I always enjoy ThoughtWorks Technology radar, but the current one is particularly well suited for my recent thinking about data meshes & data platforms:
“Increasingly, organizations are adopting a platform team concept: set up a dedicated group that creates and supports internal platform capabilities — cloud native, continuous delivery, modern observability, AuthZ/N patterns, service mesh, and so on — then use those capabilities to accelerate application development, reduce operational complexity and improve time to market. This growing maturity is welcome and we first featured this technique in the Radar in 2017. But with increasing maturity, we’re also discovering antipatterns that organizations should avoid. For example, “one platform to rule them all” may not be optimal, “big platform up front” may take years to deliver value and “build it and they will come” might end up as a wasted effort. Instead, using a product-thinking approach can help you clarify what each of your internal platforms should provide, depending on its customers. Companies that put their platform teams behind a ticketing system like an old-school operations silo find the same disadvantages of misaligned prioritization: slow feedback and response, resource allocation contention and other well-known problems caused by the silo. We’ve also seen several new tools and integration patterns for teams and technologies emerge, allowing more effective partitioning of both.”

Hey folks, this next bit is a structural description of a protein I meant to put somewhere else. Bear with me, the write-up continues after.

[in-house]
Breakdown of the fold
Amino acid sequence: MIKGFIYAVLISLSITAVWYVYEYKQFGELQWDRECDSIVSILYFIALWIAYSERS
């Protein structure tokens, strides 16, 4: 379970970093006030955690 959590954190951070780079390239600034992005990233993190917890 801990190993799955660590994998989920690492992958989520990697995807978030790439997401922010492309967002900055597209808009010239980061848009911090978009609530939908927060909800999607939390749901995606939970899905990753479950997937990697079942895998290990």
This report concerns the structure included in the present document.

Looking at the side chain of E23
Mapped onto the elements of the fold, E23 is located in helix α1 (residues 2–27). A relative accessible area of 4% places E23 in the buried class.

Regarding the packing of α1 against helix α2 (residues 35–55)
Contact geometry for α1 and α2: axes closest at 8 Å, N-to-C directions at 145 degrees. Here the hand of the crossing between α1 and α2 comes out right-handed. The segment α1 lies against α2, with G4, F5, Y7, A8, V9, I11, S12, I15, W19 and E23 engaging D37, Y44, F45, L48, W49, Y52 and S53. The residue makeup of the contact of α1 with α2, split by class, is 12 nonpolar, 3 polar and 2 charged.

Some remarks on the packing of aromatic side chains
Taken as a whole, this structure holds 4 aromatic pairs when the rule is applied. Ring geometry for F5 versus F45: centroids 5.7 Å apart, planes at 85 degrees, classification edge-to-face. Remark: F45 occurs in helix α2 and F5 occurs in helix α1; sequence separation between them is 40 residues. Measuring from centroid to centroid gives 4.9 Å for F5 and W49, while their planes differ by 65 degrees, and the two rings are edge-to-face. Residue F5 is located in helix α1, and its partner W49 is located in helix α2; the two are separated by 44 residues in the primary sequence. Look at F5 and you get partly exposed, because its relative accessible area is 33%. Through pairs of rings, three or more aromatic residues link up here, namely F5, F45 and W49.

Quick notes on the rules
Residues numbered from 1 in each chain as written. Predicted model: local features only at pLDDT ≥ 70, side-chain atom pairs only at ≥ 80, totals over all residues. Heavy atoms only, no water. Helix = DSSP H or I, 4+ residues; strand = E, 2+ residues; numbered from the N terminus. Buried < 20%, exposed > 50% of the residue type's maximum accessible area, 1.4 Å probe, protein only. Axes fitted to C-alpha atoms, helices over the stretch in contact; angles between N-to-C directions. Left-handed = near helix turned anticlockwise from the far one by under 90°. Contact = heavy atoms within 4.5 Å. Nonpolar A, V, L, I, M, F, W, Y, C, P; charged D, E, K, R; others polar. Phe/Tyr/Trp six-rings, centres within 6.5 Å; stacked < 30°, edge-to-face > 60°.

Now what ThoughtWorks is advocating is to follow the “product-thinking approach”. I think “product-thinking” can be misunderstood and is misunderstood a lot! There are at least two versions of “product-thinking” when it comes to platforms.
Version 1: I (product-)think we need a data platform. Let’s pick a team, task them with building one, and then see where things go.
- Step 1: Put the responsibility for X inside each single team (or unit, the knowledge system is an internal product aimed at individuals, there are other products aimed at hole business units)
- Step 2: Make them accountable. Wait and see what solutions emerge.
- Step 3: Support the solutions with products, if necessary.
This is the process a lot of product teams evolve, how Borg (later Kubernetes) emerged out of a need of one product team launching a new Google search engine. They built Borg to do that. After it was there, virtually all workloads switched over to Borg. But that’s the thing, the product or big parts of it, already were there.
Now here’s the key difference: It seems to me from the outside, that a lot of data mesh implementations and data platform implementations follow Version 1; There usually isn’t any part of the platform there. This will likely end in what ThoughtWorks describes as again “one platform to rule them all”.
So what can we do? It’s starting to start thin! And then even thinner, let a suitable solution emerge. Start with a simple wiki page, without any team at all to manage the platform. If that doesn’t catch on, chances are you don’t actually need a platform yet.
Oh, and of course I recommend every single edition of the Tech Radar.